|Abstract or Summary
- The goal of this project was to develop an integrated pest management strategy
for the control of a powder-post beetle (Dinoderus minutus F.). This species causes
serious damage in Philippine bamboo. Developmental threshold and thermal constants
were examined and natural enemies and ftmgi associated with beetles were investigated.
Finally, the seasonal beetle occurrence and costs and benefits of prophylactic treatments
to control the damage were investigated under Philippine conditions.
Female powder-post beetles deposited eggs mainly in the metaxylem at an
average of 9.1 eggs per day. The average development periods for eggs, larva, pupa and
egg to adult were 5.4, 43.8, 4.6 and 53.6 days, respectively, at 30 °C.
An unknown mite species caused 88% mortality to eggs and could prove to be a
potential biocontrol for the beetle. Spores of Beauvaria bassiana and Metarrhizium
anisopliae topically applied or sprayed at higher spore concentrations (1:10 and 1:100)
caused significant mortality to D. minutus and could regulate beetle populations.
Imperfect fungi constituted the major fungi isolated from the beetles. Further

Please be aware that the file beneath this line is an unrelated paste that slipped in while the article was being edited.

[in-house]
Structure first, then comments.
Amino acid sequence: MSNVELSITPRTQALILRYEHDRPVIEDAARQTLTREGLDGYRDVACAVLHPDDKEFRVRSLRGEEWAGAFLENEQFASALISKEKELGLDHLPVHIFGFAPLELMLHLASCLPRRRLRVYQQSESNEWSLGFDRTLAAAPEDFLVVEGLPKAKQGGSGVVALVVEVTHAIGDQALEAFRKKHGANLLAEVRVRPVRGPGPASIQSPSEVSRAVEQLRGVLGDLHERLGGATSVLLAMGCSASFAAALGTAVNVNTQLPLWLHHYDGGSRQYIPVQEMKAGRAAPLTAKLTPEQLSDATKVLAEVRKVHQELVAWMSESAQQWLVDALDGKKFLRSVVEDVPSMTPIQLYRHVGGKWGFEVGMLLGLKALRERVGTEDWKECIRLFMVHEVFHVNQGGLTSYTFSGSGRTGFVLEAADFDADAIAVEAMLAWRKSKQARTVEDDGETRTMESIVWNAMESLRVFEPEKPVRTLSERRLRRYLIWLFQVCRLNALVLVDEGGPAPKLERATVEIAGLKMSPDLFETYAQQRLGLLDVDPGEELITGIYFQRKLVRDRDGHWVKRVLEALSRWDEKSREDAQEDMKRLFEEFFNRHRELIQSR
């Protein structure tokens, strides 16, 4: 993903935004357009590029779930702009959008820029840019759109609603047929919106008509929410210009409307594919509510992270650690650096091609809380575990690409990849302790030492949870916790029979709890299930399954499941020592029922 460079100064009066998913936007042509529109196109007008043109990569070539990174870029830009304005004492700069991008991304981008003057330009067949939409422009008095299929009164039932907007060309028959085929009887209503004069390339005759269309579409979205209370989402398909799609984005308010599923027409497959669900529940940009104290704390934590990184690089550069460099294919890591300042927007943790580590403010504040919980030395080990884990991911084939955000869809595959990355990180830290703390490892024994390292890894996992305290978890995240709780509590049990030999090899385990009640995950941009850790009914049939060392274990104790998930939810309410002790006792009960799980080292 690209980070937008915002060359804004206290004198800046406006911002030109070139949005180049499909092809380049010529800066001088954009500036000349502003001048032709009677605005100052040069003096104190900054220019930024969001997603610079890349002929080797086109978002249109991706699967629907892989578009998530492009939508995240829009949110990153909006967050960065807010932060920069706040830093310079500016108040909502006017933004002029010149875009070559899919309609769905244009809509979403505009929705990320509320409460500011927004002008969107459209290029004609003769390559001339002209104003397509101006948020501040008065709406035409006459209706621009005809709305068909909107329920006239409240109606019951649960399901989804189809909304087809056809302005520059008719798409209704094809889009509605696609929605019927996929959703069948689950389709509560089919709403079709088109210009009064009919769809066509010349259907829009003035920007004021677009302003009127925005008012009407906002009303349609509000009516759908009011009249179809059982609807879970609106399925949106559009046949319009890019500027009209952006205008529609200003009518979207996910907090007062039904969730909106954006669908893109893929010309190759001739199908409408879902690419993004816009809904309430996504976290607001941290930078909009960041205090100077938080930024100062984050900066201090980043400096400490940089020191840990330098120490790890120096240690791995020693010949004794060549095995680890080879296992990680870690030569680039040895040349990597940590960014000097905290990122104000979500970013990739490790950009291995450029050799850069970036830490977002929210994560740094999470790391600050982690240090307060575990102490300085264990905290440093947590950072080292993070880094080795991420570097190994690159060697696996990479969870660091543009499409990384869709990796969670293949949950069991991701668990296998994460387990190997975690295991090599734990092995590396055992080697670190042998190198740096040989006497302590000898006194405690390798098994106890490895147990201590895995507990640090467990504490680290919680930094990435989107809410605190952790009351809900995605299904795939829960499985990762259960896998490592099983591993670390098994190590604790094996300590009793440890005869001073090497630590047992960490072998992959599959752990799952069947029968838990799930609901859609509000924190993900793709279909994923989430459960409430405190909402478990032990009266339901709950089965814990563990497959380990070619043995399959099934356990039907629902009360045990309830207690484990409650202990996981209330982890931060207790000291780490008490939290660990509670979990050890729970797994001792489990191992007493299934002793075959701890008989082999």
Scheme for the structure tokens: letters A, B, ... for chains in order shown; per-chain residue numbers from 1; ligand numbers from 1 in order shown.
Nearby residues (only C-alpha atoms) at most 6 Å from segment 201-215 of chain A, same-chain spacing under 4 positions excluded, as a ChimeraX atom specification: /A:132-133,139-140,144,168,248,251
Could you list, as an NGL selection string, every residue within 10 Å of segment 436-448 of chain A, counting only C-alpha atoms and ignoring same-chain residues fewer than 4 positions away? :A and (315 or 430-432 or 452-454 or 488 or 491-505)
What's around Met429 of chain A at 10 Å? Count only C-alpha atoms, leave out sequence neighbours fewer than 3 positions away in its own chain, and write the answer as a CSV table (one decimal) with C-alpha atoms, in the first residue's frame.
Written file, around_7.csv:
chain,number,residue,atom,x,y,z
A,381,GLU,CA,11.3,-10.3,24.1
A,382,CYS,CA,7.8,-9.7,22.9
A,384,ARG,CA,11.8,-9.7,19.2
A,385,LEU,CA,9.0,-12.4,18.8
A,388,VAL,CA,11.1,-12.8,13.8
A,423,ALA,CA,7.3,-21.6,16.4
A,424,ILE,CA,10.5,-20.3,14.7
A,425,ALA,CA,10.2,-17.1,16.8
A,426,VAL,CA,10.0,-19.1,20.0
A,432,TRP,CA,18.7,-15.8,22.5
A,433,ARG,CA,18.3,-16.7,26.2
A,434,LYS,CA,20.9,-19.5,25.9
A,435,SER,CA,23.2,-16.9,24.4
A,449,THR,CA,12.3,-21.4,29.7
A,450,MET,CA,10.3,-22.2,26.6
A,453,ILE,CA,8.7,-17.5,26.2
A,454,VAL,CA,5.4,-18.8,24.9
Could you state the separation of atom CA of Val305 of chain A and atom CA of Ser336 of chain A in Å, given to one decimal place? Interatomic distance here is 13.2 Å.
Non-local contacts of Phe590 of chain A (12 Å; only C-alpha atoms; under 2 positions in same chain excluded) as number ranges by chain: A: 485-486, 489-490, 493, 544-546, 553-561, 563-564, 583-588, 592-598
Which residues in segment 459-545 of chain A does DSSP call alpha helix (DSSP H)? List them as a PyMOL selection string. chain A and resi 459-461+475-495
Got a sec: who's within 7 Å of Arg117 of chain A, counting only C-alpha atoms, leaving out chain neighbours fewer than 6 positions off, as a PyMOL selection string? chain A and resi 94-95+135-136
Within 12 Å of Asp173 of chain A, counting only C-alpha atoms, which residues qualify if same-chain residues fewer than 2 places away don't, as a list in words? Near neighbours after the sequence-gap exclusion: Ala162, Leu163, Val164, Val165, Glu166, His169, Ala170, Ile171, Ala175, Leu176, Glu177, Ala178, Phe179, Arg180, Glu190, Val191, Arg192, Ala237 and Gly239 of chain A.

studies are suggested to determine the relationship between these fungi and D. minutus.
Beetle populations generally peaked from February to early June and were low to
non-existent in July to October in the period studied (1998 - 2000). Bamboo starch
content and temperature significantly influenced beetle populations. Starch was the major
determinant factor in the regression model [(Y/starch = -106.57 + 27.43(starch)]
developed to predict beetle population. The linear relationship between temperature and
starch production in bamboo culms suggested that monitoring temperature may be a
practical method to predict beetle occurrence.
Application of 0.0001% a.i. deltamethrin in water or kerosene to freshly cut culms
provided complete protection for five weeks against beetle attack. Supplemental
treatment may be applied after that protection period. Kerosene or paraffin alone did not
increase insecticidal efficacy.
The economic benefits of prophylactic treatment were twelve times greater than
the added cost of treatments demonstrating the value of treatment for maintaining
bamboo quality. Losses due to beetle damage will be further reduced once the results of
this study are incorporated in a pest management program.
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